The first ever Boeing 747-8I to visit Prague arrives on a hot summers day – Photo: Jacob Pfleger | AirlineReporter
The 1st of July not only marks the start of the summer school holidays in central Europe, it is also a big day on the local aviation calendar. Last year, Emirates debuted the Airbus A380 on the Dubai-Prague route to celebrate five years of service. This year was no exception, as Korean Air announced the launch of Boeing 747-8I services on the Seoul-Prague route from the 1st of July until the 30th of September.
While the Korean Air 747-400 is no stranger to Prague during the peak summer travel season, this was the first time the carrier announced the route would be operated by the Boeing 747-8I, the longest aircraft in commercial passenger service today. Korean Air had previously operated a one-off Airbus A380 service to Prague, and if this event was anything to go by, I was quite excited to be part of this historic moment. Not only was this the premier of the 747-8I in Korean Air colors in Prague, it was also the first-ever flight of the aircraft type to the town — there have not even been any cargo versions.
KLM 737-900 (PH-BXT) at Amsterdam Airport Schiphol, ready to take us to Prague, with a 737-700 (PH-BGW) taxiing behind
Koninklijke Luchtvaart Maatschappij is not exactly a household name in most of the world, but its initials “KLM” and sky blue branding and livery are easily recognizable. I had a quick visit to Amsterdam before moving on to Prague this past spring, so flying on the national carrier of The Netherlands out of its homebase was the most obvious choice.
As I’ve pointed out numerous times, the European concept of business class (some better service, but the same seat as in economy, just with the middle seat blocked) is never worth it on personal trips, especially for a short flight blocked for 90 minutes gate-to-gate. Addtionally, flying KLM (being a member of SkyTeam) meant flying outside my alliance, so no priority anything nor lounge access.
What could possibly go wrong?!
A LOT Embraer E-175 landing at Prague – Photo: Jacob Pfleger | AirlineReporter
Flying business class within Europe is not often an exciting nor noteworthy affair. That said, I was pleased to recently discover that it can still be a positive experience, with a lot more than meets the eye, and at a very affordable price.
I was fortunate enough to recently experience LOT Polish Airlines’ business class product from Warsaw to Prague. As part of its ongoing brand redevelopment, LOT, like many other carriers, has introduced an online bidding system for unsold business class seats, called plusgrade.
The only business class difference versus economy on intra-European flights – Photo: Jacob Pfleger | AirlineReporter
The system allows passengers to make a bid up to 72 hours before the flight’s departure, and there is a minimum amount that can be bid (in my case, it was approximately $80). At 48 hours prior to departure, I received an email that my bid was successful, and was issued a new ticket for business class — sweet.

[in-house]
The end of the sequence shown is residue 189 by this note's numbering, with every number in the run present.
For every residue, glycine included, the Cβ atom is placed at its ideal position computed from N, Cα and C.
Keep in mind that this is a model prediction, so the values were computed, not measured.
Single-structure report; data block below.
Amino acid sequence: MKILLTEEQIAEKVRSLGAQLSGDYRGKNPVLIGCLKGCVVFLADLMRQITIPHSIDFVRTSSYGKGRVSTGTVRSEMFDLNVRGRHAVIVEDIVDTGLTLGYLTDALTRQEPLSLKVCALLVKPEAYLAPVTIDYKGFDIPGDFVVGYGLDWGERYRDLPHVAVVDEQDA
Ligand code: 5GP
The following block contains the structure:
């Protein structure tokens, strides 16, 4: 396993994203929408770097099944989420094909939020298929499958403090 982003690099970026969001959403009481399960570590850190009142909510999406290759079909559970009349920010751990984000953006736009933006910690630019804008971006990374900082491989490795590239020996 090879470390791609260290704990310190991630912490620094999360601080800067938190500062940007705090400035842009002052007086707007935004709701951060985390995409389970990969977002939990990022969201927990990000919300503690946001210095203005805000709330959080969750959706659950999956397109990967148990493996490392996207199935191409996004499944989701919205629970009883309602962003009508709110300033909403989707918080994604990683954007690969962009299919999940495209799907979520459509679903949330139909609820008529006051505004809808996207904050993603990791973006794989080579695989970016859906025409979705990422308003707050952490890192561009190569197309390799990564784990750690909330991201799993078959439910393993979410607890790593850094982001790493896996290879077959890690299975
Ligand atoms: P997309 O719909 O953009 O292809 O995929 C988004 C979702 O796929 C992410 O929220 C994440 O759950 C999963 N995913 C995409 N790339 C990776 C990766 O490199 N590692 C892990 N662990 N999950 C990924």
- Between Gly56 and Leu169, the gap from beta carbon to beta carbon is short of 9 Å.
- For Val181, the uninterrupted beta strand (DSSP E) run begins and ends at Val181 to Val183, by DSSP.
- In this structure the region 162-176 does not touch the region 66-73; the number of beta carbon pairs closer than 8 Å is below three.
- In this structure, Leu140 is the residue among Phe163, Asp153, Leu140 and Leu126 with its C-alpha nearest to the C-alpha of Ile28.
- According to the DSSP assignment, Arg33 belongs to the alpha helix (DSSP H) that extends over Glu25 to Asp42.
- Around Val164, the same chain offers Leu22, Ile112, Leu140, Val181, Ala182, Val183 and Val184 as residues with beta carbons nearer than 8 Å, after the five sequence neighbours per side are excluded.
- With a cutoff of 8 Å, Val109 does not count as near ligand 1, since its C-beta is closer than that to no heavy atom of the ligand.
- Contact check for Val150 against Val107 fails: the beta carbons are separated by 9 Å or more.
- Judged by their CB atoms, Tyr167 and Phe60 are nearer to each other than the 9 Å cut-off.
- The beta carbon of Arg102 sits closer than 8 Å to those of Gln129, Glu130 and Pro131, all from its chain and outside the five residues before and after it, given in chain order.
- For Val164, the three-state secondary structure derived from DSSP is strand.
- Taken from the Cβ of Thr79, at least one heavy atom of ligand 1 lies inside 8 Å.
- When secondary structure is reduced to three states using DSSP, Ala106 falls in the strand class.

AvGeeks in Action – Photo: Jacob Pfleger | AirlineReporter
The 1st of July, 2015, marked the fifth anniversary of Emirates services to Prague. To celebrate this achievement, Emirates substituted an Airbus A380 on the Dubai to Prague route, which is normally served by a Boeing 777-300ER. I was fortunate enough to receive an invitation to the event. The occasion was celebrated in true Emirates fashion, with a large PR event and cocktail reception, as well as an aircraft tour and an opportunity to photograph the arrival from the tarmac; an opportunity any AvGeek among us will gladly partake in.
This was the fourth visit so far of an Airbus A380 at Prague. The first was a Lufthansa A380, followed by Emirates (for a medical diversion) and Korean Air (check out that story here). Unlike the previous events, there was much marketing and social media hype about the Emirates A380 – I guess this can be attributed to the strength of the Emirates brand image within the Czech Republic. On the day of the event, for those not fortunate enough to have access to the media/VIP event, Emirates handed out free hats and various other promotional items to all who came to view this spectacular aircraft, no matter what side of the fence they were on. Well done, EK!
A ray of hope in the darkness of European flying, sitting on the ground at Prague’s Ruzyne Airport – Photo: Bernie Leighton | AirlineReporter
No matter where in the world, when you fly economy on a small turboprop, you likely are not going to have high expectations. This will just be some basic transportation to get from point A to point B. I was shocked when I recently flew an Air Serbia ATR-72-500 from Prague to Belgrade.
Often, flying in Europe can be an even-less-pleasant experience than flying in America. When I landed in Europe, after my not-so-stellar international experience, I said to myself, “I bet you Air Serbia can beat this.” And they did!